I love to dream big. It is exciting when the hard work pays off and dreaming big can be life-changing. For the 7th time in my life, I get to dream big as I take my body on a 140.6 mile journey to cross the most talked about finishing lines on the Ironman race calendar.
For many, dreaming big means accepting disappointment. It may even mean facing failure. A goal typically has an end point but a dream doesn't always come with a specific time-line. And that can be frustrating.
But if dream smart, you will find yourself discovering amazing things about yourself. Perhaps things that you never thought were possible because you stopped expecting failure and disappointment and instead, welcomed change, hard work and commitment to reach goals that you never once thought were possible.
Like many athletes, the body doesn't always respond when you want it to. The mind is overloaded, the body feels tired and the goal that has driven you to wake up every morning wanting to work hard for your dreams, is now second-guessed based on life happenings.
Karel decided last minute (about a week ago), to race in the HOT - Hammerhead Olympic
. Karel was itching to race before Miami 70.3 at the end of October and with the race being local (about 45 minutes away at Camp Blanding), Karel was looking forward to changing up his weekend routine.
As for his race day goals, he told me early last week that he wanted to win it. Of course, not knowing the competition that would be at the race, I still supported his goal 100%. As a coach, I never stop my athletes from dreaming big and as you know from my previous blogs, I am very open with my goals and I am not afraid to work hard for them. I always say - dream big and work hard for what you want and then on race day, race with your current level of fitness with a race strategy that allows you to execute for a strong performance.
For Karel and myself, we don't chase PR's. Sure, they are great when they come but we don't worry about a time on paper but instead, what happens within the race. The harder the race and more challenging of conditions, bring it! We love training our bodies to prepare for race day and then being able to execute with our current level of fitness with a smart race day strategy.
As age group triathletes, we have a lot on our plates with life and training is our lifestyle. Like many age group athletes, Karel was feeling off the day before the race with a lot on his mind and a body that was not feeling race ready on Saturday.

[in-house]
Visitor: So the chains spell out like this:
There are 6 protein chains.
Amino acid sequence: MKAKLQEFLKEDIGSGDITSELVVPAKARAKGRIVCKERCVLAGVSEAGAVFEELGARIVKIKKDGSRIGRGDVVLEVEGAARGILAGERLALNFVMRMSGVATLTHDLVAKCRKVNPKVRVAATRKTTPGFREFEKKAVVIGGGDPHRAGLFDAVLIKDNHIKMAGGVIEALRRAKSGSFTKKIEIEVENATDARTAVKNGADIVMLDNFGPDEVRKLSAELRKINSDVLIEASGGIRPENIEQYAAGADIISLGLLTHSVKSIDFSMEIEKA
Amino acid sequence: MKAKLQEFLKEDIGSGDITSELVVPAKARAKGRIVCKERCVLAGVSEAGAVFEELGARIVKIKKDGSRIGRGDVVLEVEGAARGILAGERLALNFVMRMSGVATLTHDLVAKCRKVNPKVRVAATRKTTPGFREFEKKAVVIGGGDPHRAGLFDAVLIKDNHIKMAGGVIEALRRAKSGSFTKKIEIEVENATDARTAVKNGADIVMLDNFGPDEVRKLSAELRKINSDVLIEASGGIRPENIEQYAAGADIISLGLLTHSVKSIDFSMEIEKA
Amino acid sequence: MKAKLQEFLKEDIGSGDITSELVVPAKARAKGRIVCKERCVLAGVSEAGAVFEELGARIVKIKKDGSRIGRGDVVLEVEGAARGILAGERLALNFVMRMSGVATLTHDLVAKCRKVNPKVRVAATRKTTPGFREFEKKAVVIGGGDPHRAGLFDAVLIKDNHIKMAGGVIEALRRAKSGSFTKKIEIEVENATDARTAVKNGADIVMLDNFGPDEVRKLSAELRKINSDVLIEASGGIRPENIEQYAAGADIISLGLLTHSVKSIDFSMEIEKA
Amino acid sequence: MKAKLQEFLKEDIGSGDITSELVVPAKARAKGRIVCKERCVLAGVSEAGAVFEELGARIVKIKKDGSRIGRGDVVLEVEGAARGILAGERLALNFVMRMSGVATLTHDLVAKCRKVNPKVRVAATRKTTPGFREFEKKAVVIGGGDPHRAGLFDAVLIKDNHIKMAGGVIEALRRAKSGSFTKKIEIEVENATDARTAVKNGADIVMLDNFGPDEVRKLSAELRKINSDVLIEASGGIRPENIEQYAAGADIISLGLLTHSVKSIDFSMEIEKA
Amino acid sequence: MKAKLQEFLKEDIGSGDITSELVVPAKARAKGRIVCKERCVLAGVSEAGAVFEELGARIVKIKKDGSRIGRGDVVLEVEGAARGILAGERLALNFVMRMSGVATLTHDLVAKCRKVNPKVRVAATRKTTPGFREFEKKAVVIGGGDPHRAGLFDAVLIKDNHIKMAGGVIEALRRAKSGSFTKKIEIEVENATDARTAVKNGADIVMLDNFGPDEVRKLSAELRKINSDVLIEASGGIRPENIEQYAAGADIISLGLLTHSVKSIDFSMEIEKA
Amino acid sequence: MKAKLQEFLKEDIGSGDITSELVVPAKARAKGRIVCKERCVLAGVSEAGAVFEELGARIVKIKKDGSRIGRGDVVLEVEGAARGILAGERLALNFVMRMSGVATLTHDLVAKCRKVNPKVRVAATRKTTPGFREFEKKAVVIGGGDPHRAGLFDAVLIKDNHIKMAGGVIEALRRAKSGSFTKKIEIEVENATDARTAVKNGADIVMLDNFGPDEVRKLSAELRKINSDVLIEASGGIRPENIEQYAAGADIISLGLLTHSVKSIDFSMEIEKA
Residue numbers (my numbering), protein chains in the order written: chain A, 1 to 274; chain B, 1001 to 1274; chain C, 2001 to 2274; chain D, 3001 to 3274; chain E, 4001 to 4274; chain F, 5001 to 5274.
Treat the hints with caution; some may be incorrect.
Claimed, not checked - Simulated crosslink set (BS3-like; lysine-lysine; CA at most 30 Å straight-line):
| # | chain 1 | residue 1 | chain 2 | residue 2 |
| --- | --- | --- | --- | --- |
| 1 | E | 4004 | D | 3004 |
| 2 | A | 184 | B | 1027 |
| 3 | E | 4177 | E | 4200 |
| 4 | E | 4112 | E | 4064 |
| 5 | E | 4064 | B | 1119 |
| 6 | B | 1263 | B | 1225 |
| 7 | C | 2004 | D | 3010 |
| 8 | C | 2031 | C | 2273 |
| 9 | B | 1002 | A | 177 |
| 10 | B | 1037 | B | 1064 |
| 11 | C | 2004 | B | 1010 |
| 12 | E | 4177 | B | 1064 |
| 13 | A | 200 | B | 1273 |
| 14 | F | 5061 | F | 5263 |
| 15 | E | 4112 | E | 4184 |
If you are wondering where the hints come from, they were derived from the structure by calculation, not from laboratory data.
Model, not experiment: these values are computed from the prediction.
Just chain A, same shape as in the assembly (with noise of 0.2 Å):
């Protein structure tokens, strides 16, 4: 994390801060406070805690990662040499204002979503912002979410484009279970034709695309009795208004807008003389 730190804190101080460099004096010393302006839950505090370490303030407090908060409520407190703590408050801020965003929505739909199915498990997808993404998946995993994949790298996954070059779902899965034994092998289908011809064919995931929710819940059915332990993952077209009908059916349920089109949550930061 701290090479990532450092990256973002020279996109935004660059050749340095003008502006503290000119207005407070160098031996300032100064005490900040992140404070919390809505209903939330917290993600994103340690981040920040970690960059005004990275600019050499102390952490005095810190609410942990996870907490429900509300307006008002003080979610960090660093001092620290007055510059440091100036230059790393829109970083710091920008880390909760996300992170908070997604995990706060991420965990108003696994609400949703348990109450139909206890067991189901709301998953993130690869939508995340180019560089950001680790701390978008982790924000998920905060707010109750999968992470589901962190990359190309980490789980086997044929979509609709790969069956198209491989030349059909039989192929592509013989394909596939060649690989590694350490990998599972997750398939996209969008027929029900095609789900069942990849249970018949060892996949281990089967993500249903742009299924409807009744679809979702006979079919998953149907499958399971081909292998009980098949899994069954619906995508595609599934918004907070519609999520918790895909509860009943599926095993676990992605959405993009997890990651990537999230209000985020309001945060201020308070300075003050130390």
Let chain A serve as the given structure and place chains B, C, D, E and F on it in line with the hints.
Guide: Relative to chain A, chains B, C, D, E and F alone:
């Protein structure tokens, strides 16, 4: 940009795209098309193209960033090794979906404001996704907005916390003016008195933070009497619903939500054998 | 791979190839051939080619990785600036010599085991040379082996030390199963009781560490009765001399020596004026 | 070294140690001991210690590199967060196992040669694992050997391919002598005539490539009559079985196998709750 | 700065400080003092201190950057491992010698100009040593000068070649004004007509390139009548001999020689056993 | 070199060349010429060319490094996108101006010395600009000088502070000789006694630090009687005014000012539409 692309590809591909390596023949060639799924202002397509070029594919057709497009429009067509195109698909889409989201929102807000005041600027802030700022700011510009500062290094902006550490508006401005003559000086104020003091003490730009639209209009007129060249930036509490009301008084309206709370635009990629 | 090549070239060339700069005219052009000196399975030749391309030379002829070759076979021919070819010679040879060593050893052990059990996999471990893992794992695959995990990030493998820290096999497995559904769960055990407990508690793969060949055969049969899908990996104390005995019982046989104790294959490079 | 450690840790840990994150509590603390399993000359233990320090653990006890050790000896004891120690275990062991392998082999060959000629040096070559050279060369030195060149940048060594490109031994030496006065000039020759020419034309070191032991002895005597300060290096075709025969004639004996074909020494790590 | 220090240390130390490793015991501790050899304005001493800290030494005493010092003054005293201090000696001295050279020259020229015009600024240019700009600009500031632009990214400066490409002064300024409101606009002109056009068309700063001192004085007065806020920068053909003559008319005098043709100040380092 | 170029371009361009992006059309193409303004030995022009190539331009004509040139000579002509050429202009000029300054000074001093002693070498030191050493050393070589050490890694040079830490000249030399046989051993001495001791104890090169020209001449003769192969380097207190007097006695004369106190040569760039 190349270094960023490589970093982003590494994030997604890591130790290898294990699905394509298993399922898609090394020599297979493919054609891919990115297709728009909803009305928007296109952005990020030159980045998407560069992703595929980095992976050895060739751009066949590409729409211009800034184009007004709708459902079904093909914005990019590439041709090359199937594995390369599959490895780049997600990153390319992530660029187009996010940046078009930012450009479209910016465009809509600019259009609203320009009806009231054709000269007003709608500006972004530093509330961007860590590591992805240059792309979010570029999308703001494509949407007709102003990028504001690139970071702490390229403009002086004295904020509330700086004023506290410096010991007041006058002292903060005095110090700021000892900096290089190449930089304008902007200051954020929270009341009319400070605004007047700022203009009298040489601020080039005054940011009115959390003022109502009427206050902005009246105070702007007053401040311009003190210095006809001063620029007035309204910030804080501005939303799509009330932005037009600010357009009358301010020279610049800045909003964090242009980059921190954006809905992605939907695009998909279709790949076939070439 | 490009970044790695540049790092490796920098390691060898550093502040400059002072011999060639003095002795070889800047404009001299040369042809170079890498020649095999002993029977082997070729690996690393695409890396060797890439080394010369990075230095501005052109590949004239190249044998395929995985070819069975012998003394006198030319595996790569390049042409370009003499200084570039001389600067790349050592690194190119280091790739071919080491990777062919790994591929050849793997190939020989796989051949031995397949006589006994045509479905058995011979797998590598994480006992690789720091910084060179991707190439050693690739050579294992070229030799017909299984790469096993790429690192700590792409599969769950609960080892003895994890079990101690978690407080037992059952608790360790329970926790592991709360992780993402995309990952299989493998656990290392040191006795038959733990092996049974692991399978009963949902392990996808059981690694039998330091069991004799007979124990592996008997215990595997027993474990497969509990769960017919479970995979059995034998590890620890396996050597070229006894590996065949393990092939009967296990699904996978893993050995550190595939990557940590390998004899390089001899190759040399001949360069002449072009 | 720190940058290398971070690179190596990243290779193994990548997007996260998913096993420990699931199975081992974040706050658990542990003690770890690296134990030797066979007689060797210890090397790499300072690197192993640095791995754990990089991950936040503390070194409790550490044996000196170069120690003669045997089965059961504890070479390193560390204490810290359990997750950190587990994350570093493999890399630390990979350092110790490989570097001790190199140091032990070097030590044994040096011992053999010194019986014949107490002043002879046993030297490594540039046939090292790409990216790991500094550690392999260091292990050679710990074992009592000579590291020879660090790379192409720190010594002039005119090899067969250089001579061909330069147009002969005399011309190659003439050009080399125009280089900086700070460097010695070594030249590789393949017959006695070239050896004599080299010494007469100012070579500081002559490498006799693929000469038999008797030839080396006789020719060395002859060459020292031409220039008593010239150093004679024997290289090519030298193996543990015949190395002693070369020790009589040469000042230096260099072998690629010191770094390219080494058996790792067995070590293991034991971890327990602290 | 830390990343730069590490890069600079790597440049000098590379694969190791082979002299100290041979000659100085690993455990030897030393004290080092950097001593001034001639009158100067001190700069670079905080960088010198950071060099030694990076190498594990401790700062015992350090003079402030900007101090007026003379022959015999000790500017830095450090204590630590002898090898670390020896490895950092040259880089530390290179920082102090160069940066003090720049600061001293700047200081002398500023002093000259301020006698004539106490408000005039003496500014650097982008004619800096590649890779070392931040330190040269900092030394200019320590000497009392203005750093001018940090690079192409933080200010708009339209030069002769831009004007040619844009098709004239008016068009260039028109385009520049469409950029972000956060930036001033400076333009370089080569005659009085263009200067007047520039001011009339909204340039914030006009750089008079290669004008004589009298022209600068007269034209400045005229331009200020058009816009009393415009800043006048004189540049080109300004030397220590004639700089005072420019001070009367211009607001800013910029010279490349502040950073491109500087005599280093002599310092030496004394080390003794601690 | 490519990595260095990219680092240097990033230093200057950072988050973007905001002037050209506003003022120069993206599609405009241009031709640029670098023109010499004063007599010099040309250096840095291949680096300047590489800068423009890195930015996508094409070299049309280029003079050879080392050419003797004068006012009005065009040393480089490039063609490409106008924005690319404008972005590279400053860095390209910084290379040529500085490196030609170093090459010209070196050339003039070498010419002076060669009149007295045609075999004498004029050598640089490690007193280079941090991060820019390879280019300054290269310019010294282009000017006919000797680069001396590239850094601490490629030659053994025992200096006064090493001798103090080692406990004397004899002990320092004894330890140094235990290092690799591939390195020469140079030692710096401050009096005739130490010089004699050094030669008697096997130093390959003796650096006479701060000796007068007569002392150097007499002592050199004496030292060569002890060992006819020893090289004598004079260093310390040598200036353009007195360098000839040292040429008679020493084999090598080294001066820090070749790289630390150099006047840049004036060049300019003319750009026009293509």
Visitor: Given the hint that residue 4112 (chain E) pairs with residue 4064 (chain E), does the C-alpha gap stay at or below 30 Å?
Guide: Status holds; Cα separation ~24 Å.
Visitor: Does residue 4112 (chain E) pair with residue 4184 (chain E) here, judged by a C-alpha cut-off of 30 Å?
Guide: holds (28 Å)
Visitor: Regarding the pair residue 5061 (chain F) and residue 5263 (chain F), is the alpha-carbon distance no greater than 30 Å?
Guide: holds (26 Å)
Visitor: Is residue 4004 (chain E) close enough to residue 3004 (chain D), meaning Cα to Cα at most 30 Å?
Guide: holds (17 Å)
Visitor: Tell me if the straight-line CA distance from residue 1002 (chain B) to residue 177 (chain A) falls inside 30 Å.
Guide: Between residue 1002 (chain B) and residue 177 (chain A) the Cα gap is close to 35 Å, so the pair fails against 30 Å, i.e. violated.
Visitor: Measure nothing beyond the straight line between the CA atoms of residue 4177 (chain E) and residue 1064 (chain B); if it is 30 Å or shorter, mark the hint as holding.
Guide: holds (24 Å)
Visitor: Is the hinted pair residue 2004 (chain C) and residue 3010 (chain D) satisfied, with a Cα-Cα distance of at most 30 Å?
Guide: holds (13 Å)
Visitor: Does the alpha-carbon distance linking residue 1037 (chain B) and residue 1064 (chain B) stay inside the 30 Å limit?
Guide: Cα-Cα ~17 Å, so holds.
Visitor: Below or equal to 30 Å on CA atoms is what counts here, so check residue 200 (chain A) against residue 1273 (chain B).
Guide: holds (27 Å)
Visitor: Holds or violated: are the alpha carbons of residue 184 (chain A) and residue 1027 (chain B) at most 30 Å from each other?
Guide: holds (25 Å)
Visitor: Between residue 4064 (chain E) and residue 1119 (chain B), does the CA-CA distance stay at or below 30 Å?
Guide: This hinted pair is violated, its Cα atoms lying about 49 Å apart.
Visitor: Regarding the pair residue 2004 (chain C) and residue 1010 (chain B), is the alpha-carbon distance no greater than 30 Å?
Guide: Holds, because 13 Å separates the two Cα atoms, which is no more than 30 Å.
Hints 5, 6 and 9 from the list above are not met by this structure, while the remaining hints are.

Rather than scratching the race or forgetting about his race day goals, I did my best to continue to support Karel's goal of "go big or go home".
I'm a firm believer that you have no idea what you are capable of until you try. Don't ever give up before you give things a try.
I can't tell you how many times I have prepped myself for a workout and doubted myself until the workout happened. So much negativity in my mind that I didn't have "it" for the day but there's no way to know if "it" can happen unless I try. Thankfully, I never once let my fear of failure over-ride my ability to succeed with my Kona training and I felt in my heart that Karel was going to have a great race.
With a 4am wake-up call, we were out the door at 4:45am and Campy was sad he couldn't come to the pet-unfriendly Camp Blanding. But with a long early morning walk, I told Campy we wouldn't be gone long.
After picking up Karel's packet and doing the normal pre-race routine (set up transition, bathroom stops, putting on the wetsuit for the first-time wet-suit legal swim at this race, swim warm-up), Karel was standing knee high in the water waiting for the first wave of the race to start at 7:30am.
When it comes to working on athletic weaknesses, Karel knows that doing more doesn't make you a better, stronger or faster athlete. For Karel, he has been working with Coach Mel at UNF on his swimming and instead of swimming more, he is working really hard with his swim drills and form in the water. With less than 1500 yards for a main set each practice three days per week, Karel has found himself swimming faster thanks to working on the little things. A reminder for us all that to be better,you can not rush the journey.